I read my "New" Allrecipes stir things up magazine yesterday and couldn't wait to try the Tomato Harvest Marinara Sauce! I had 25 pounds of fresh picked Plum Tomatoes and followed the recipe using the tip from Sara to skin the tomatoes first. I cut up the tomatoes before adding and divided the tomatoes between 2 five quart stainless steel pots. I used a 1/2 pint jar of homemade tomato sauce instead of water in each pot. I used the spices called for but doubled the quantity. I put the first pot on with the spices to get it started while working on the second giving it time to simmer the flavors incase I needed to adjust the spices. I used 2 3/4 pound sweet onions and 10 garlic cloves chopped fine cooked as directed. I divided the onion and garlic evenly in each pot. It is now simmering on the stove until thick enough to can which I don't think will take more than an hour because of the tomato sauce instead of water. Great Recipe a lot of work but of course worth every minute. Yield is definitely off I am hoping to get 6-7 Quarts no way this will make 10. Love the New magazine....on to finding another recipe! Read More
(14)
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Rating: 2 stars
08/25/2013
The taste was nice but I am giving this 2 stars because the amount it yields is way off unless the sauce is supposed to be super thin. And after checking other recipes this one just doesn't add up. Tomato sauce will average about 6-7 lbs of tomatoes per quart. Anyway nice sauce but it was a lot of work for a much smaller yield than I was expecting! Read More
(8)
Rating: 5 stars
09/12/2014
It is imperative to add the lemon juice to raise the acidity and you must can at proper time and temperatures to maintain safety. Things can always seal but does not mean they are safe. Please read safe canning guidelines before anymore attempts to can to keep you and those you are feeding your product to safe! Read More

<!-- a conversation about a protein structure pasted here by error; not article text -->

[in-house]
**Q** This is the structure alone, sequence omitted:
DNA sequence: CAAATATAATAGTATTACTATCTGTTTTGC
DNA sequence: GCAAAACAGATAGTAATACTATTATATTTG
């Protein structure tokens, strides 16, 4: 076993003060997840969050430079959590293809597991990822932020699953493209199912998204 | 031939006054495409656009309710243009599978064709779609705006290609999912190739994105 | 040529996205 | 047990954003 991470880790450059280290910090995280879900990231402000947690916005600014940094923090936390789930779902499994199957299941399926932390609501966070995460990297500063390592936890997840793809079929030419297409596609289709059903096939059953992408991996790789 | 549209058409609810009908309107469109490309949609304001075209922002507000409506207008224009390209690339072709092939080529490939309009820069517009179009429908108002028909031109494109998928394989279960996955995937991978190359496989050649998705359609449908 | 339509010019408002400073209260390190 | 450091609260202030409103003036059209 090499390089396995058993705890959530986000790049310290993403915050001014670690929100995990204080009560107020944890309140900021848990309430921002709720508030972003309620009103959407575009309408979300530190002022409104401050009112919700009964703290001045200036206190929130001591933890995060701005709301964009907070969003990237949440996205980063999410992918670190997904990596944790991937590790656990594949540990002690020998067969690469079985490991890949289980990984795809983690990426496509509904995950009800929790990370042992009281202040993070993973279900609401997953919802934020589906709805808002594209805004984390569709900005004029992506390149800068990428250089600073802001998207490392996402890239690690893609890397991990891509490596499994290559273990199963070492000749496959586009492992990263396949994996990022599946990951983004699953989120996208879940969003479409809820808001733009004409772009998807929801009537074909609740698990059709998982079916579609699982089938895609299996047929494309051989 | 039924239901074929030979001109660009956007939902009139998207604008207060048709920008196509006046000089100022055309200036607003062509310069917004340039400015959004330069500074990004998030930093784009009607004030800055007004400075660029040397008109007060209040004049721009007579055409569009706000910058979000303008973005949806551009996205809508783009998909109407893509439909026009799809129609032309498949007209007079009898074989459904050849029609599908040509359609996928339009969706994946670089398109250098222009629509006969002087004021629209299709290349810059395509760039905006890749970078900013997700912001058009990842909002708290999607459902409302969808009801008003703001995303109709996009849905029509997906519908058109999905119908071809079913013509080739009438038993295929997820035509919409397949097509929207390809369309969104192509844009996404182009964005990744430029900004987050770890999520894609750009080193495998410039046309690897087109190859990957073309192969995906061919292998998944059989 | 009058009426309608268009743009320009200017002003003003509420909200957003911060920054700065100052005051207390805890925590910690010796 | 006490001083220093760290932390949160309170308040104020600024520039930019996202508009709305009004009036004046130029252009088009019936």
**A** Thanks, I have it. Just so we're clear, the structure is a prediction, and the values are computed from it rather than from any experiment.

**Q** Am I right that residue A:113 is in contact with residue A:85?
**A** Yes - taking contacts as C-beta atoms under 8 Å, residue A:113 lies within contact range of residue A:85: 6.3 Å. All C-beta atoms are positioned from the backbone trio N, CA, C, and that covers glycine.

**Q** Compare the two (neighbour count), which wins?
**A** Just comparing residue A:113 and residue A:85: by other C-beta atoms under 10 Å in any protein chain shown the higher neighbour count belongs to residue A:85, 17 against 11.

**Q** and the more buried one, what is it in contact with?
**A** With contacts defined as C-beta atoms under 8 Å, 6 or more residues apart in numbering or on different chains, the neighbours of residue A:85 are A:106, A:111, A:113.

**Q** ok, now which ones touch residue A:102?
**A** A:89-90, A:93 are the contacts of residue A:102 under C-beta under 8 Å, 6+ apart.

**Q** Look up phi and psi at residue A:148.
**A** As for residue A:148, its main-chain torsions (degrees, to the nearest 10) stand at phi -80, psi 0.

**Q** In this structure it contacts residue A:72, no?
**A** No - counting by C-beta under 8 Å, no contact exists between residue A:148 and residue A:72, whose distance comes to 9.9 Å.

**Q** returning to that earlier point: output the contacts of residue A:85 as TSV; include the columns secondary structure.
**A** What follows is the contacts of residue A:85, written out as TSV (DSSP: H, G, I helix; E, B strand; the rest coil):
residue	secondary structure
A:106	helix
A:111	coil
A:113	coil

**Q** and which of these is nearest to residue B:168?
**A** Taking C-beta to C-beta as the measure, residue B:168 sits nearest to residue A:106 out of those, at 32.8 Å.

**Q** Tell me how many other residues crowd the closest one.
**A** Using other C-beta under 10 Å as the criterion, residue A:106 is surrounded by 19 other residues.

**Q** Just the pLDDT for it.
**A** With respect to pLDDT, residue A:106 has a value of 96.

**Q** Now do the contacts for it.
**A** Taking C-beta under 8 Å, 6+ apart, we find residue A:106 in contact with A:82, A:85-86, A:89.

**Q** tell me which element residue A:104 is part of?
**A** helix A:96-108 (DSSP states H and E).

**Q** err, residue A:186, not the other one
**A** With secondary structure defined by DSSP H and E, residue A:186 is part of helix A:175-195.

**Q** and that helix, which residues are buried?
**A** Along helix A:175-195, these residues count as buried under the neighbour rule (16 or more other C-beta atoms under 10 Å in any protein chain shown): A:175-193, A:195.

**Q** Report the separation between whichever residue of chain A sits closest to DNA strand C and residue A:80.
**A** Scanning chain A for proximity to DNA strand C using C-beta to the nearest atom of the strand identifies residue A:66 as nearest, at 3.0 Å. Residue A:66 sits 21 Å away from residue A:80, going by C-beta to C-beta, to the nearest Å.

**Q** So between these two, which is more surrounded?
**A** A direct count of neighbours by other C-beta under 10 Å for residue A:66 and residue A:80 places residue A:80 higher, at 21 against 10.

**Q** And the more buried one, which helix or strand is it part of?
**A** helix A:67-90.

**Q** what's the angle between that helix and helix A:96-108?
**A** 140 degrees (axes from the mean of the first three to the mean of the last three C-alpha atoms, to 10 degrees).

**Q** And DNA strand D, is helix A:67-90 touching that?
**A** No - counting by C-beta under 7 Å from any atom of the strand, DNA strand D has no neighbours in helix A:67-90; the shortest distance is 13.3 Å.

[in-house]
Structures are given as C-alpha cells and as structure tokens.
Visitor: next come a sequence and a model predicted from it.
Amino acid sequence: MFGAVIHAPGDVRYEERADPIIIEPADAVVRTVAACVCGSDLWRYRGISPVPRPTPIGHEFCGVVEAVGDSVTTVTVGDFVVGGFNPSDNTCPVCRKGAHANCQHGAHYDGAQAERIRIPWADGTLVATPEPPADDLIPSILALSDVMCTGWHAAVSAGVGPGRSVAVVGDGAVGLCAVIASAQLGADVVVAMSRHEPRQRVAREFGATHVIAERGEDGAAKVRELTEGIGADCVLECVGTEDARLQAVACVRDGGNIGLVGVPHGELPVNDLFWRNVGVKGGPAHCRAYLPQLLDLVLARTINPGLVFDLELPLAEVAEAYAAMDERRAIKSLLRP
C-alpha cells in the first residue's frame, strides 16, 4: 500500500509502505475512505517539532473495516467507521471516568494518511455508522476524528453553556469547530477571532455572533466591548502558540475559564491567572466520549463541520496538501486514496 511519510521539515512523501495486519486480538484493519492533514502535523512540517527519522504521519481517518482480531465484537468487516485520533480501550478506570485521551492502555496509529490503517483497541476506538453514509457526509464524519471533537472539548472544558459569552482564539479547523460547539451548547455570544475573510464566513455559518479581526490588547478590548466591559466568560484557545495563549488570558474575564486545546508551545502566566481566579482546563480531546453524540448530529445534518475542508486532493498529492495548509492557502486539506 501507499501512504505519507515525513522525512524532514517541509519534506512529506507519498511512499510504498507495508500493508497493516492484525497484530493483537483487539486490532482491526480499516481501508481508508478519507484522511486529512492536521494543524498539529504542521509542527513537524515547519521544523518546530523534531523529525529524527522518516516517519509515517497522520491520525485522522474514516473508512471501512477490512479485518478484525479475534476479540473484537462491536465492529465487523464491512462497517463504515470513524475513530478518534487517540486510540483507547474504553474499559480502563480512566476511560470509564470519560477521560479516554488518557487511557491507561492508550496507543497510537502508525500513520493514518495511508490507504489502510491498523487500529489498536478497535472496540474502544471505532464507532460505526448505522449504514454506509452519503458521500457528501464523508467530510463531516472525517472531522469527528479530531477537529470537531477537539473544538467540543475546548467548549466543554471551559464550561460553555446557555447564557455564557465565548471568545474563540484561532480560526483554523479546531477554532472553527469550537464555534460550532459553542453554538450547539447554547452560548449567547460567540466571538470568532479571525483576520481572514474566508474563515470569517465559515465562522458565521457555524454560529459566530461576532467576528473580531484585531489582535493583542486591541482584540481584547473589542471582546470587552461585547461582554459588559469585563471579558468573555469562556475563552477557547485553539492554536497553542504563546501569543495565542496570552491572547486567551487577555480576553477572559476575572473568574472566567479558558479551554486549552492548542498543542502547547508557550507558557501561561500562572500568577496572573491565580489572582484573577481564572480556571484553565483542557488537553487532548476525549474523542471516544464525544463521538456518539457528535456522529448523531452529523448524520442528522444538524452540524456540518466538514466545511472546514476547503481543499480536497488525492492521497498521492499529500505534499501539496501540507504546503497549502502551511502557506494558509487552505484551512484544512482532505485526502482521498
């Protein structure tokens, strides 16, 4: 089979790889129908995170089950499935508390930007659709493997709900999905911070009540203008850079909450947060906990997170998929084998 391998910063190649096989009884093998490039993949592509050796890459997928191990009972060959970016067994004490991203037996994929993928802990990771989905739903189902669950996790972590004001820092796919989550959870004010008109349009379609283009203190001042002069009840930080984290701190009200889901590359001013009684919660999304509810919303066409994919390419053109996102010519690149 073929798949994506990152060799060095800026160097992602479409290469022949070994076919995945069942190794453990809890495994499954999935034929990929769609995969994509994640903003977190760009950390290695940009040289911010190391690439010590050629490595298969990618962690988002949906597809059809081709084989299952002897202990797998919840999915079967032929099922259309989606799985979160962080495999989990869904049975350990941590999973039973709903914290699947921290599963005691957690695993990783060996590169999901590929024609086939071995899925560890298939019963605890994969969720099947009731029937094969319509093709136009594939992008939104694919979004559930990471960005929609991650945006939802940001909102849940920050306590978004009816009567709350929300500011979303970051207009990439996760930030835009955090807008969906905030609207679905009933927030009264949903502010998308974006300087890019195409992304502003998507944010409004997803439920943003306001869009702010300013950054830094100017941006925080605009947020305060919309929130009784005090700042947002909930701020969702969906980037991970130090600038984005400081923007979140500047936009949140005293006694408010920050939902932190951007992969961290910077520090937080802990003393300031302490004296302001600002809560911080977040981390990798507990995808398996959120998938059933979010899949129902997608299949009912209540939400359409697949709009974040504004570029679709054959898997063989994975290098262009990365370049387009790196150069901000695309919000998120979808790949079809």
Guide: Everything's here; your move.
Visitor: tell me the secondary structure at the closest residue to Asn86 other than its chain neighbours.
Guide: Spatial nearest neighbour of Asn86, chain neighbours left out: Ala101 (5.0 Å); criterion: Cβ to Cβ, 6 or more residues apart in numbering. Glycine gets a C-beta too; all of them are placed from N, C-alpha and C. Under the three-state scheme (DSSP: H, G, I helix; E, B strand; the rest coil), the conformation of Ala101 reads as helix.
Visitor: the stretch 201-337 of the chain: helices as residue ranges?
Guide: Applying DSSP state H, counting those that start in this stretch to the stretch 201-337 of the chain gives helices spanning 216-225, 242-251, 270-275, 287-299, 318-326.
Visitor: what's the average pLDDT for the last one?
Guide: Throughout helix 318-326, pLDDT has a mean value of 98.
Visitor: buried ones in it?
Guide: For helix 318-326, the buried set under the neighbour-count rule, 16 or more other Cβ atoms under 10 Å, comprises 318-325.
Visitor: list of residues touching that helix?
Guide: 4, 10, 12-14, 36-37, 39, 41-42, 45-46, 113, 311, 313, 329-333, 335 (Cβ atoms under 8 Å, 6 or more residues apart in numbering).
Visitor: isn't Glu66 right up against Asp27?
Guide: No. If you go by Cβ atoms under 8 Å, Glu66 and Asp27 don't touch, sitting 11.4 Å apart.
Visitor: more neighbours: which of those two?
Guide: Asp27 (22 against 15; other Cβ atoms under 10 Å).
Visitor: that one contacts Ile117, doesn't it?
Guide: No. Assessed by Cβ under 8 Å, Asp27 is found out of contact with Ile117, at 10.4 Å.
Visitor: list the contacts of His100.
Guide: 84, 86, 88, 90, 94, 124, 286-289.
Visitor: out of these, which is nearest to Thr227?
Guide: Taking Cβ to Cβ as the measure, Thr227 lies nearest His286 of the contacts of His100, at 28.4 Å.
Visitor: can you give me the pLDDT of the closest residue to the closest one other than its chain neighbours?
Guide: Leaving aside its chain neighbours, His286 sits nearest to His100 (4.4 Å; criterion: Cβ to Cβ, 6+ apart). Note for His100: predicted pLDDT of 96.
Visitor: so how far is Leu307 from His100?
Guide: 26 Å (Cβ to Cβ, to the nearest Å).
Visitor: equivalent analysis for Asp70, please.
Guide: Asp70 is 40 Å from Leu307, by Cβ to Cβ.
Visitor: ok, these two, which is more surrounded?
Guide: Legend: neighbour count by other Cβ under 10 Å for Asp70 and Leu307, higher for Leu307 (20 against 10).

(7)
Rating: 4 stars
09/06/2013
I just finished canning all the tomatoes. Butt two questions? I forgot to add lemon juice? I only processed them for 15 minutes? The jar's are all sealed... Read More
(4)
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Rating: 5 stars
07/19/2014
Great base recipe. I used 12 pounds of tomatoes. I blanched the tomatoes before pureeing them. The sauce was thin at first but as it cooked down it thickened up. And yes it did take a long time to thicken. Worth it though. I skipped the canning because I don't know how to:/ Sad for me. After the sauce thickened I added extra spices and made a really nice spaghetti and meatball dinner. Read More
(4)
Rating: 4 stars
08/28/2014
This came out well and was pretty straightforward. I used beefsteaka nd plum tomatoes (whatever the garden offered) and added a little wine and red pepper flakes along with some fresh herbs from the garden - sage basil oregano and parsley. Next time I would use more garlic. Read More
(4)
Rating: 1 stars
01/13/2015
I just opened one of my jars of marinara (and I made three batches) to make a meat sauce and have to say I am badly disappointed. I'm sure the lemon is necessary but is the amount necessaryt? its flavor is over powering and very bitter. The sauce looks great and even smells good but the bitterness of the lemon ruins it for me. It also leaves a bitter taste in my mouth long after eating it. Now I have 15 jars of marinara I can't do anhything with. I've researched other recipes and none of them call for as much lemon juice for a quart jar as this one does. The most I've seen has been a teaspoon. Read More
(4)